Friday, September 5, 2008

INTERNATIONAL WORKSHOP HITS ITS MARKS



Press release 2.0
September 5, 2008

INTERNATIONAL WORKSHOP HITS ITS MARKS


On August 28-29, 2008, the College of Humanities and Social Sciences (CHASS), the Department of Communication, and the Public Communication of Science and Technology Project (PCOST) hosted a workshop on “Communicating Health and Safety Risks on Emerging Technologies in the 21st Century” at the McKimmon Center on the North Carolina State University campus in Raleigh. The workshop was a deliverable associated with a $1.4M NSF grant on “Intuitive Nano-toxicology.”

David Berube, professor in Communication is the principle investigator for the grant and a national expert in the social science of nanoscience. He co-hosted the event with the PCOST Assistant Director Christopher L. Cummings, and four graduate students in the Communication MS program and the Communication Rhetoric and Digital Media doctoral program at NCSU: Katie Hayes, Jason Kalin, Kelly Martin, and Dan Sutko.

The workshop was webcasted and many participants presented from remote locations. The electronic and digital nature of the workshop was one of its features. Overall, the technical elements of the workshop were a great success with presentations delivered from off-base locations in Knoxville, Los Vegas, New Haven, Philadelphia, and Bethlehem, PA. Questions were asked via emails. A technical report on the conference can be read at http://nanohype.blogspot.com/.

The keynote speech was delivered by Lennart Sjöberg from the Center for Risk Research and the Stockholm School of Economics. The closing address was given by William Kinsella, professor in Communication and a member of the Science and Technology Studies (STS) program at NCSU. Both addresses and those of the other participants were highly praised.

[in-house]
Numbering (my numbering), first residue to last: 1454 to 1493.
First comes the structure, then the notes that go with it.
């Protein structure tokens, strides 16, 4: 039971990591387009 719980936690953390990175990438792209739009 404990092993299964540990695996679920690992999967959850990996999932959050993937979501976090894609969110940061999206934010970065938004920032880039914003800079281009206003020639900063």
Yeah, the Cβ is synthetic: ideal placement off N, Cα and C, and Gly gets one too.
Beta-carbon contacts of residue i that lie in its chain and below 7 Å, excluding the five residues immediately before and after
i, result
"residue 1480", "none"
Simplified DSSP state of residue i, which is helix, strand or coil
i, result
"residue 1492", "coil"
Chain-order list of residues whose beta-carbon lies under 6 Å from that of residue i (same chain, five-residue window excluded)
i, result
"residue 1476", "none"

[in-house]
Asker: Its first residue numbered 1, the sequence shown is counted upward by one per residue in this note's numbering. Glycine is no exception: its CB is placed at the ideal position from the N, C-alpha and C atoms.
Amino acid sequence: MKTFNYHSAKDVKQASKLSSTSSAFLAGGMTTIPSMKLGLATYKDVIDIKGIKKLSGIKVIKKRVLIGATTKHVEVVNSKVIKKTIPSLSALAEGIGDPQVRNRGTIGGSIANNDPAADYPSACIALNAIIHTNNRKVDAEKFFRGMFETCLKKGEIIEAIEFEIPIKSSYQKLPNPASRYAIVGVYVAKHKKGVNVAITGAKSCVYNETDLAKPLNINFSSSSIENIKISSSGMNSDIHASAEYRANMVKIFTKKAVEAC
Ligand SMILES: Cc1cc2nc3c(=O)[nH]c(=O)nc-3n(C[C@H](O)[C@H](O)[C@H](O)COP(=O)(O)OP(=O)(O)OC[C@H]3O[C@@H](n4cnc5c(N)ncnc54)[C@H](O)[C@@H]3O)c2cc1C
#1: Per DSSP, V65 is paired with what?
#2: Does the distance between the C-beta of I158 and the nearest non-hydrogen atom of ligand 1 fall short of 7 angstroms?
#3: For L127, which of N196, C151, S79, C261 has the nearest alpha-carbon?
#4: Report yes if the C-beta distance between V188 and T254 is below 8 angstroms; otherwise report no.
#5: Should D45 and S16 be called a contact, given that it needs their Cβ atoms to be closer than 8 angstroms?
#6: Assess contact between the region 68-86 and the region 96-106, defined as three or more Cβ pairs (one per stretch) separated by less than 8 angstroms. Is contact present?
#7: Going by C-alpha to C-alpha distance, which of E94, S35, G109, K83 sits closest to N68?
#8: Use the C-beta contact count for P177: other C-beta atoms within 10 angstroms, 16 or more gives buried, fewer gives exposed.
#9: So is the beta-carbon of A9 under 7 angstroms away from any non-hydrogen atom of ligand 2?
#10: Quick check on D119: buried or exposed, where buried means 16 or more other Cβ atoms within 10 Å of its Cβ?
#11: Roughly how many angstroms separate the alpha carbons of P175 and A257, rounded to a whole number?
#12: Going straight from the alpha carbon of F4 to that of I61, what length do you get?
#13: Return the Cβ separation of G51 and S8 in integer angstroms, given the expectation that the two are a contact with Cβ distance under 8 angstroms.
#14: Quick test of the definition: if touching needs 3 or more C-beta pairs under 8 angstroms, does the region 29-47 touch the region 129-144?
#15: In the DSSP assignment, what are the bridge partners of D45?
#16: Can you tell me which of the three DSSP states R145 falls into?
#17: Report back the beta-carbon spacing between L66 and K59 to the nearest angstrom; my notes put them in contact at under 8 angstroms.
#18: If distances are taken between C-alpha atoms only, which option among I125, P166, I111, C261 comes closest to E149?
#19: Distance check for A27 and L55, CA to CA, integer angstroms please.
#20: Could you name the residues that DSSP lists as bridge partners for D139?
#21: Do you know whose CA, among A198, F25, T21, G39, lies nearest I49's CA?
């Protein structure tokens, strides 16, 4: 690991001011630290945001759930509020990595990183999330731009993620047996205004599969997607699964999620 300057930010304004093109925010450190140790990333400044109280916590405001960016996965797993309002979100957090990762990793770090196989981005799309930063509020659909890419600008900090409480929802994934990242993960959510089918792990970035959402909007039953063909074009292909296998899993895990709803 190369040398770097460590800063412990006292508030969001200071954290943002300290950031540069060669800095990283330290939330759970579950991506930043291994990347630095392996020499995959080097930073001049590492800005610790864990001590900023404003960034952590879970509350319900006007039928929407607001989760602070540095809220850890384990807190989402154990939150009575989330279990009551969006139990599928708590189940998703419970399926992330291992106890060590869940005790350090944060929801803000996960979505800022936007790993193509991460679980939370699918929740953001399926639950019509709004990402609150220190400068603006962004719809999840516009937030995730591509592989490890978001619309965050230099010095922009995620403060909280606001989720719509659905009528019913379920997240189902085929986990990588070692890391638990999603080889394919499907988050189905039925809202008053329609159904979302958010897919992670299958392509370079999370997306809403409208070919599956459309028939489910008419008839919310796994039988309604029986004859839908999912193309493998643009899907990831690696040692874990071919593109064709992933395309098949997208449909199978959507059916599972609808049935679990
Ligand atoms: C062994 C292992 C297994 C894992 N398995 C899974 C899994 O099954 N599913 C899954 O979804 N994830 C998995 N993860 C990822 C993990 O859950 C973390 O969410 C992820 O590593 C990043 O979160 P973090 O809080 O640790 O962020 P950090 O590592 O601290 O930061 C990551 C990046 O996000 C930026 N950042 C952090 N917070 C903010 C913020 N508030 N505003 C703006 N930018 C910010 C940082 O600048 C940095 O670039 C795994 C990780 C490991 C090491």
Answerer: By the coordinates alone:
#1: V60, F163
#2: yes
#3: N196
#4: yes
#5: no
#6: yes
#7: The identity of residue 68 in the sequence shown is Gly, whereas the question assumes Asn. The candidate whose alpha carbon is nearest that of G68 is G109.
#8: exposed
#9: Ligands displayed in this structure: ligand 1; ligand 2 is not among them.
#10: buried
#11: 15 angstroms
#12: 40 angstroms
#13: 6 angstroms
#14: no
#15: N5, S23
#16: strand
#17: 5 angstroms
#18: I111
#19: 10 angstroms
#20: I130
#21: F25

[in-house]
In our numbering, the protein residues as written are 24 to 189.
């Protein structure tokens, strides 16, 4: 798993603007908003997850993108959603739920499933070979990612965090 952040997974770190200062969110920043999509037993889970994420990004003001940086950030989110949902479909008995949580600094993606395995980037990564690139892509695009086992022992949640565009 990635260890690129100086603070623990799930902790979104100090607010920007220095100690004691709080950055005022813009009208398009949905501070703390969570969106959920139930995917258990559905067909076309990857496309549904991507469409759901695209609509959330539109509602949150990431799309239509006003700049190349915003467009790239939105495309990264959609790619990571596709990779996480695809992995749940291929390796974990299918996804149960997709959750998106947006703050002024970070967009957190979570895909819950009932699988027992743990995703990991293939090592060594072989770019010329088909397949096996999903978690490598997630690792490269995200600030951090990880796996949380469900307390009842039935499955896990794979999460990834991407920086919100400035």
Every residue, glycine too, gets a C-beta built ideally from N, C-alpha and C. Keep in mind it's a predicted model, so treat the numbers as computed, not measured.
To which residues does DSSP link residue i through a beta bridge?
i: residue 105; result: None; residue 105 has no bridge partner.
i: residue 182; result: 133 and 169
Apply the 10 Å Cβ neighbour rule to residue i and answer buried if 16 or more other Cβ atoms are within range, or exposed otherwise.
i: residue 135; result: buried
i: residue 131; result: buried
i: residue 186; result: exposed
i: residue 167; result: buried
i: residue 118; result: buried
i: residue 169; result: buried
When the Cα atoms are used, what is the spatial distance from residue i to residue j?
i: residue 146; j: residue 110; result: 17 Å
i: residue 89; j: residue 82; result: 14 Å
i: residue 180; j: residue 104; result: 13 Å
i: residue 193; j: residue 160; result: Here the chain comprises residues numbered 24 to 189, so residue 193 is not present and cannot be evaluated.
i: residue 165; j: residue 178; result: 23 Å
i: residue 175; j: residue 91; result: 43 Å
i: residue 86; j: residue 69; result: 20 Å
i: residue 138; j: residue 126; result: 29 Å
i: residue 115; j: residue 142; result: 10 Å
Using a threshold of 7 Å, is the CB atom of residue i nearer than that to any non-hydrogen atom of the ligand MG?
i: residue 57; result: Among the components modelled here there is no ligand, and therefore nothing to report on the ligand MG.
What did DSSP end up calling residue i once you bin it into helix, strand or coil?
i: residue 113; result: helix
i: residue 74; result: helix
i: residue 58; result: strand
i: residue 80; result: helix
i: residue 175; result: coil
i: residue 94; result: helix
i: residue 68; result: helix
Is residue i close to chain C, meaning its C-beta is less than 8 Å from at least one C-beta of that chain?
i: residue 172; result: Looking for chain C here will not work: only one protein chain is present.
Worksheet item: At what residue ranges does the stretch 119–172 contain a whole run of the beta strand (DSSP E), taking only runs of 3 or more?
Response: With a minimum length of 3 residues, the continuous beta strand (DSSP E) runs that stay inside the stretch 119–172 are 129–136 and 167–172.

Two presentations from Dan Kahan, professor of Law at Yale University and Dietram Scheufele, professor of journalism at the University of Wisconsin involved data never before shared to any audience. In addition, there were some outstanding toxicological reports given by professors Vicki Colvin from Rice University, Tara Sabo-Attwood from the University of South Carolina, and James Bonner from NCSU. A full set of the Power Points are up and they will be followed by streaming videos of the presentations at - http://communication.chass.ncsu.edu/nirt/Deliverables.html.

The next step in the grant deliverables involves a series of Delphi studies that will be co-designed by Professors Berube and Scheufele with input from the other members and the grant team. The survey will be administered by the co-principle team from the University of South Carolina under the direction of Professor Robert Oldendick at the Institute for Public Affairs and Policy.

For more information –
Contact D. Berube (dmberube@ncsu.edu)